Damnation Alley

When I was a young lad, I remember waiting in anticipation for the release of Damnation Alley. Star Wars had us all abuzz over anything science fiction.

Jane Michael Vincent stars as Lieutenant Jake Tanner an unorthodox Air Force officer, sharingICBM silo duty at an Air Force missile base in California with George Peppar. When the United States detects incoming nuclear missiles, Tanner and Denton “turn the key” to launch part of the retaliatory strike, initiating Doomsday. After launching their entire arsenal of nuclear missiles, Tanner and Denton witness nuclear devastation rain down all around them.

Two years later, the Earth has been tilted off its axis by World War III, radiation has mutated insect life, and the planet is constantly wracked by massive storms that cover the entire hemisphere. Military order at the base has broken down. Tanner has resigned his commission and Denton is considering going to Albany, New York to find the source of a lone radio transmission. Before they abandon the base, a rocket fuel explosion kills all but four men. Vincent, Peppard, Paul Winfield and Kip Niven. They decide to head out on a cross country adventure.

They set out in two Air Force “Landmasters,” giant 12-wheeled armored personnel carriers capable of climbing 60-degree inclines and operating in water. They must cross “Damnation Alley,” considered “the path of least resistance” between intense radiation areas. On their journey, they pick up two survivors, fight a band of crazed, savage shotgun-toting mountain men and encounter mutated “flesh stripping cockroaches” before reaching their destination.

Budgeted at $17,000,000 USD (huge bucks at the time), “Damnation Alley” was directed by Jack Smight, who had scored two consecutive box office hits in the previous two years . Filming began in July 1976 in the Imperial Valley in Southern California , as well as locations in Meteor Crater, Arizona, Salt Lake City, Utah, and the Mojave Desert in California.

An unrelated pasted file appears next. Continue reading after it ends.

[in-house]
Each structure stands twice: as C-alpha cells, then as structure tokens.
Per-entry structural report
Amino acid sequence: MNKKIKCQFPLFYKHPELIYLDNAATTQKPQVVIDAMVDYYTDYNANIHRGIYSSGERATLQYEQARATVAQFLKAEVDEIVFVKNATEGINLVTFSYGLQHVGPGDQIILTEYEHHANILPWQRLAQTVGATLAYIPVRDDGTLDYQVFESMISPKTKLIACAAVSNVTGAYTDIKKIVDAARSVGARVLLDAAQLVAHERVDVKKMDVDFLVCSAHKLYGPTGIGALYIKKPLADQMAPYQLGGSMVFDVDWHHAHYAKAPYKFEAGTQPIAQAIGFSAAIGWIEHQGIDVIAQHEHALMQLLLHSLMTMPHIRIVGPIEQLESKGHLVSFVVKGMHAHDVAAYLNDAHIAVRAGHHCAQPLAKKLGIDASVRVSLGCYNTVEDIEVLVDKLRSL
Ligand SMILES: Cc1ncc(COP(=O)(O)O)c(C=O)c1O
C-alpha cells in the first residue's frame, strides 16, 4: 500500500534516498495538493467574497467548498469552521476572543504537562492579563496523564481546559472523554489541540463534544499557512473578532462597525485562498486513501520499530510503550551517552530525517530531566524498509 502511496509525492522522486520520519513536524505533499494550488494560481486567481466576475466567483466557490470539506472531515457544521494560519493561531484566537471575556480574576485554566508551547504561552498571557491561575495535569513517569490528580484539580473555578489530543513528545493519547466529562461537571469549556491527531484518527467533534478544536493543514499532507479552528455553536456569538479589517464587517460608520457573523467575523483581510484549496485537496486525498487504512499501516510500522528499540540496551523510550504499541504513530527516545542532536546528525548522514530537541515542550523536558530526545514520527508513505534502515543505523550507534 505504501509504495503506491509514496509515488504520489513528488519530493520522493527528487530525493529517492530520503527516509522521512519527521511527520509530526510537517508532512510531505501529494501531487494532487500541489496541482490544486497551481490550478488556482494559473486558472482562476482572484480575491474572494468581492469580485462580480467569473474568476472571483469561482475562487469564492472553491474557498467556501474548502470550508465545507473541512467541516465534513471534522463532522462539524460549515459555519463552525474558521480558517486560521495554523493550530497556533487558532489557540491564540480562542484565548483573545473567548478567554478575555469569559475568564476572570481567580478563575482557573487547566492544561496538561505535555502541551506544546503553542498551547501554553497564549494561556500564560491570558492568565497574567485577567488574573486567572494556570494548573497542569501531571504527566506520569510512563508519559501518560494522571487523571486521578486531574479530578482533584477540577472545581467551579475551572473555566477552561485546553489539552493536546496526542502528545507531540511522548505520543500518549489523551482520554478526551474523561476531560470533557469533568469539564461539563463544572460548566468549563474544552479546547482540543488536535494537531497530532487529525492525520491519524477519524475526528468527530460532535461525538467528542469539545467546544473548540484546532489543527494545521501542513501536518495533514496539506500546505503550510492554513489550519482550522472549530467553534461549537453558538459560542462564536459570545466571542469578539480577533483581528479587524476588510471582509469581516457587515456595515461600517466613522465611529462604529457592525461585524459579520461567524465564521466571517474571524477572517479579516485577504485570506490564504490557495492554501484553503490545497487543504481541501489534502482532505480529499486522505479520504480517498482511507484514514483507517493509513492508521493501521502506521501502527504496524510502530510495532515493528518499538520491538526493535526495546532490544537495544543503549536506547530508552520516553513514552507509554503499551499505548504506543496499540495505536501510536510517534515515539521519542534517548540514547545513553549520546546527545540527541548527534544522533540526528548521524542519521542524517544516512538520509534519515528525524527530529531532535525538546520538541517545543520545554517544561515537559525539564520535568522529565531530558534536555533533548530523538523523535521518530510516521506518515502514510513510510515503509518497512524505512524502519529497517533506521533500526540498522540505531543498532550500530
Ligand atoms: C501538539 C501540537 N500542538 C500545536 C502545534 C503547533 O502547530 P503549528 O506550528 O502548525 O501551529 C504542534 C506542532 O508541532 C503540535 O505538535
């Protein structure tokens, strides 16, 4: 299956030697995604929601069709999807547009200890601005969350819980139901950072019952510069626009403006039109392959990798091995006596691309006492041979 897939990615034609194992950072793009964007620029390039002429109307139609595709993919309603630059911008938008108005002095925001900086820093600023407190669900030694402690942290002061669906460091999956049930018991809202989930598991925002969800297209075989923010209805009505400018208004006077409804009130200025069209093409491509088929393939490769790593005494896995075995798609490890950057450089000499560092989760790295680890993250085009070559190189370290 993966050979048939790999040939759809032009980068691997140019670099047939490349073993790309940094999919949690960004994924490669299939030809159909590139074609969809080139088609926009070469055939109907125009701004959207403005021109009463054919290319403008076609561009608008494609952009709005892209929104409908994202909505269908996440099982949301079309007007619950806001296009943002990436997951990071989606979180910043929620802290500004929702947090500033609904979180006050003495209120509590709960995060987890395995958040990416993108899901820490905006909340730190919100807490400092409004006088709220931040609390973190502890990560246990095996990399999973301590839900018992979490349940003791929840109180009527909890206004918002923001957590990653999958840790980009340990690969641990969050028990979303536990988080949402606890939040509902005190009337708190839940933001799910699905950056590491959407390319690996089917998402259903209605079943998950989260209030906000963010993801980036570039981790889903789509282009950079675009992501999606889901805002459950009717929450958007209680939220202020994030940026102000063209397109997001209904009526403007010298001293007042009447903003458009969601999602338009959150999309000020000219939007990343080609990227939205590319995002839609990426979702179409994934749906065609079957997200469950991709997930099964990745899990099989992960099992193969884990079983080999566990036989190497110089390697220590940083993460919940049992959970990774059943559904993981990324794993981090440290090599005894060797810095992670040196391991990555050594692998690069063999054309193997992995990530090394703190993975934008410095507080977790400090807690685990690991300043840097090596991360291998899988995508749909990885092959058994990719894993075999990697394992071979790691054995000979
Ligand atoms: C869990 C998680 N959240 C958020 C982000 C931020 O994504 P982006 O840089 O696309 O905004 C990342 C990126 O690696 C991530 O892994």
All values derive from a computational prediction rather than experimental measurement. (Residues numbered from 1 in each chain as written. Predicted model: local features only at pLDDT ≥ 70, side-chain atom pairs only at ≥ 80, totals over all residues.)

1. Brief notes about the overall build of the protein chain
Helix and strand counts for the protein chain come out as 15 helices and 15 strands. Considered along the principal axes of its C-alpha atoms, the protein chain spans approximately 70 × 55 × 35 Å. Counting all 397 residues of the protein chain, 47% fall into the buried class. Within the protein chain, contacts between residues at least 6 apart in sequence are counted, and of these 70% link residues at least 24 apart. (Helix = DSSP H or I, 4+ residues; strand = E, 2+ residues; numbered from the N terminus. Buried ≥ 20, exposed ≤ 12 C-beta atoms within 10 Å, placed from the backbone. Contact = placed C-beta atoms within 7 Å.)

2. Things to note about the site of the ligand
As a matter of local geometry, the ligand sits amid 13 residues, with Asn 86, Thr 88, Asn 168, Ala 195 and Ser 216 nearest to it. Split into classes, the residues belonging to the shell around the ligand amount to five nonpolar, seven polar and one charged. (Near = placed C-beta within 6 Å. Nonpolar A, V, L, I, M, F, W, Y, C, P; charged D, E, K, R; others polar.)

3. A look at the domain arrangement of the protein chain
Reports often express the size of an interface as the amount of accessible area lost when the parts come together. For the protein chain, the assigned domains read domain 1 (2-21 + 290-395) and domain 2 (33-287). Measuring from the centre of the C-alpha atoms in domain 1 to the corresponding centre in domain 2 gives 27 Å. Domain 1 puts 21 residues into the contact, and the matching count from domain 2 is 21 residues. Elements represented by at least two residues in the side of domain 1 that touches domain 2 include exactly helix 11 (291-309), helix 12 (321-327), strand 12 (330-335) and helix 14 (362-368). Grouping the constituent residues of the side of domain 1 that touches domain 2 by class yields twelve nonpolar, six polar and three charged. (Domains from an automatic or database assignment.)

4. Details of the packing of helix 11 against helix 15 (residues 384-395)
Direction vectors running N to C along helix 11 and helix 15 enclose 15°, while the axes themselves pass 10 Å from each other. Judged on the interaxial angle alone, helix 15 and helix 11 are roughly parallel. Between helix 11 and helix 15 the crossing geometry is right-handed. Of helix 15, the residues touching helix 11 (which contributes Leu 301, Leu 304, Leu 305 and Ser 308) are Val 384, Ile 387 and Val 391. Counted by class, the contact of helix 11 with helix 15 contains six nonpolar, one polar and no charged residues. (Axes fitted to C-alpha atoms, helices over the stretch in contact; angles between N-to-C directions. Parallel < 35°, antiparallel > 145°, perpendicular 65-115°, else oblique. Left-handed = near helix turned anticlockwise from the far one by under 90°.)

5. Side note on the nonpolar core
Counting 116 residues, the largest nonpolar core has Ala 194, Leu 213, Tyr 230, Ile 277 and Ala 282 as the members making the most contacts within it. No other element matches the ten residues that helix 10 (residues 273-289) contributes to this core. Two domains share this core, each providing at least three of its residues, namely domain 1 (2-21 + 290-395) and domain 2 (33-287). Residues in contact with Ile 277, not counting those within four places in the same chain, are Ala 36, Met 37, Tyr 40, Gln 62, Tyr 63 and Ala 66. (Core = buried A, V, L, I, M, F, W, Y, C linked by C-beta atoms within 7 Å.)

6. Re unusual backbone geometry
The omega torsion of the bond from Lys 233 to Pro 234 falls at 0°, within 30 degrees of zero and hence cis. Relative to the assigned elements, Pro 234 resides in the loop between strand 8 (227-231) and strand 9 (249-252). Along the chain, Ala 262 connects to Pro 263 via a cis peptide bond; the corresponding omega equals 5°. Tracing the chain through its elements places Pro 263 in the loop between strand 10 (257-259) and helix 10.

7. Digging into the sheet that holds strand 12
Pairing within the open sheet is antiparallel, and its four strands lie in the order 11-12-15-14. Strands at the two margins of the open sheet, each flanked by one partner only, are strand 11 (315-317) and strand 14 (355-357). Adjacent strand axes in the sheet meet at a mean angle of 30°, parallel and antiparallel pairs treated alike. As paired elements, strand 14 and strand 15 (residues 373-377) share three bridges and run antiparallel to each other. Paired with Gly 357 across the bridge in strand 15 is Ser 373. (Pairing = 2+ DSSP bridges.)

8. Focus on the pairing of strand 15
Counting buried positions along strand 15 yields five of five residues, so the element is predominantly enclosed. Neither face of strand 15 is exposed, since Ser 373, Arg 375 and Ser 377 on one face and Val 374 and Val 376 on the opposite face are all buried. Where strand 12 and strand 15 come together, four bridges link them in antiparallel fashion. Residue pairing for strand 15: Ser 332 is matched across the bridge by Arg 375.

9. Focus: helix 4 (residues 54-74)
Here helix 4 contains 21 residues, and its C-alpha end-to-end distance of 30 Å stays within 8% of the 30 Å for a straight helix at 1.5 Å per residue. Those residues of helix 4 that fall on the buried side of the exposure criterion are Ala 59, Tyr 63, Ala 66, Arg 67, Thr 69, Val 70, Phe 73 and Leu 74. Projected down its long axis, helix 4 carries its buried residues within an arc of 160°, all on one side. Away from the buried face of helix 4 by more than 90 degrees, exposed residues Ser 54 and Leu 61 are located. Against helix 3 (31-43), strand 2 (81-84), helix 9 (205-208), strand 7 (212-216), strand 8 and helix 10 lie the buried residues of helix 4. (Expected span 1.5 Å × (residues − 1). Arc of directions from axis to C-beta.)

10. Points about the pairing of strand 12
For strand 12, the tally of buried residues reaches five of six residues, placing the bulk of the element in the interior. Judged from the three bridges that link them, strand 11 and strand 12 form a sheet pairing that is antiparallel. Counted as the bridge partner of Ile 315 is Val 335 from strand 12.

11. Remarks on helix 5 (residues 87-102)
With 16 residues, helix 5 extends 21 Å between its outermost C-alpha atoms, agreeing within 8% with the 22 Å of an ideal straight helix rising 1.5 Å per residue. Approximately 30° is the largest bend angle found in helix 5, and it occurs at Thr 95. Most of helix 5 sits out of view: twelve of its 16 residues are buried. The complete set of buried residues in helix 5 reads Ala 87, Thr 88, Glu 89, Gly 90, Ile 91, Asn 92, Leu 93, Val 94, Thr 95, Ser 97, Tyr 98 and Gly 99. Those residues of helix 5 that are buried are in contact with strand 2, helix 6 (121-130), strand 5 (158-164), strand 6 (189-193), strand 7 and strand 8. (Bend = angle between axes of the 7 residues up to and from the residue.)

Production was rife with problems – the devastated landscapes and giant mutated insects proved to be nearly impossible to create despite the large budget. A case in point a sequence involving giant 8-foot-long scorpions attacking a motorcycle was first attempted using full-scale scorpion props, but they did not work and the resulting footage was unacceptable. The solution was to use actual scorpions composited onto live action footage using the blue screen process in post production – unfortunately with poor results. Another action sequence with giant cockroaches used a combination of live Madagascar Hissing Cockroaches and large numbers of rubber bugs, which looked unconvincing onscreen as the strings pulling the fake insects were plainly visible.

The centerpiece of the film, the 12-wheeled, seven-ton “Landmaster”, performed much better than expected. The Landmaster was so convincing, in fact, that Fox demanded that more shots of the Landmaster appear in the film to make up for the flicks shortcomings. The decision was also made to add ” glowing radioactive skies” in post-production to add the visual excitement of a “post-Apocalyptic” world to the film.

Because of this last-minute decision, Damnation Alley was in post-production for over 10 months due to the difficult process of superimposing optical effects on the sky in eighty percent of the shots. It was during this period that 20th Century Fox released their “other” science fiction film for 1977. The studio had planned to release only two science fiction films that year, with Damnation Alley intended to be the blockbuster.

The other film — in which 20th Century Fox executives had very little confidence — was Star Wars.

Star Wars became a massive hit, and forced Fox to re-assess Damnation Alley. In a panic, the release date was delayed further while Fox went in to re-edit the entire film. Smight was fired, and large sections of the film were edited out by the studio, including several key scenes critical to the storyline. The film was finally released on October 21, 1977 to poor reviews and tanked at the box office.The critics dismissed the movie as a bad repeat of other great apocalyptic films like Day the World Ended and On the Beach. In some theaters during 1977, the film was paired with another movie, Ralph Bakshi’s fantasy Wizards, which was financially successful. Damnation Alley still did not do well at the box office, but later on would get cult status.

For 26 years, the only official home video release of Damnation Alley was in 1985, on VHS tape, copies of which were sold for years in the gray market on DVD. Shout! Factory released the film on July 12, 2011. This release features a new anamorphic widescreen transfer, and audio commentary with producer Paul Maslansky, and well as extras including featurettes detailing the challenges in making the film, and a detailed examination of the now-famous Landmaster vehicle with designer and builder Dean Jeffries. The original “Sound 360” audio mix will not be featured on the DVD and Blu-ray, as the original elements were too damaged to salvage.

information taken from Wikipedia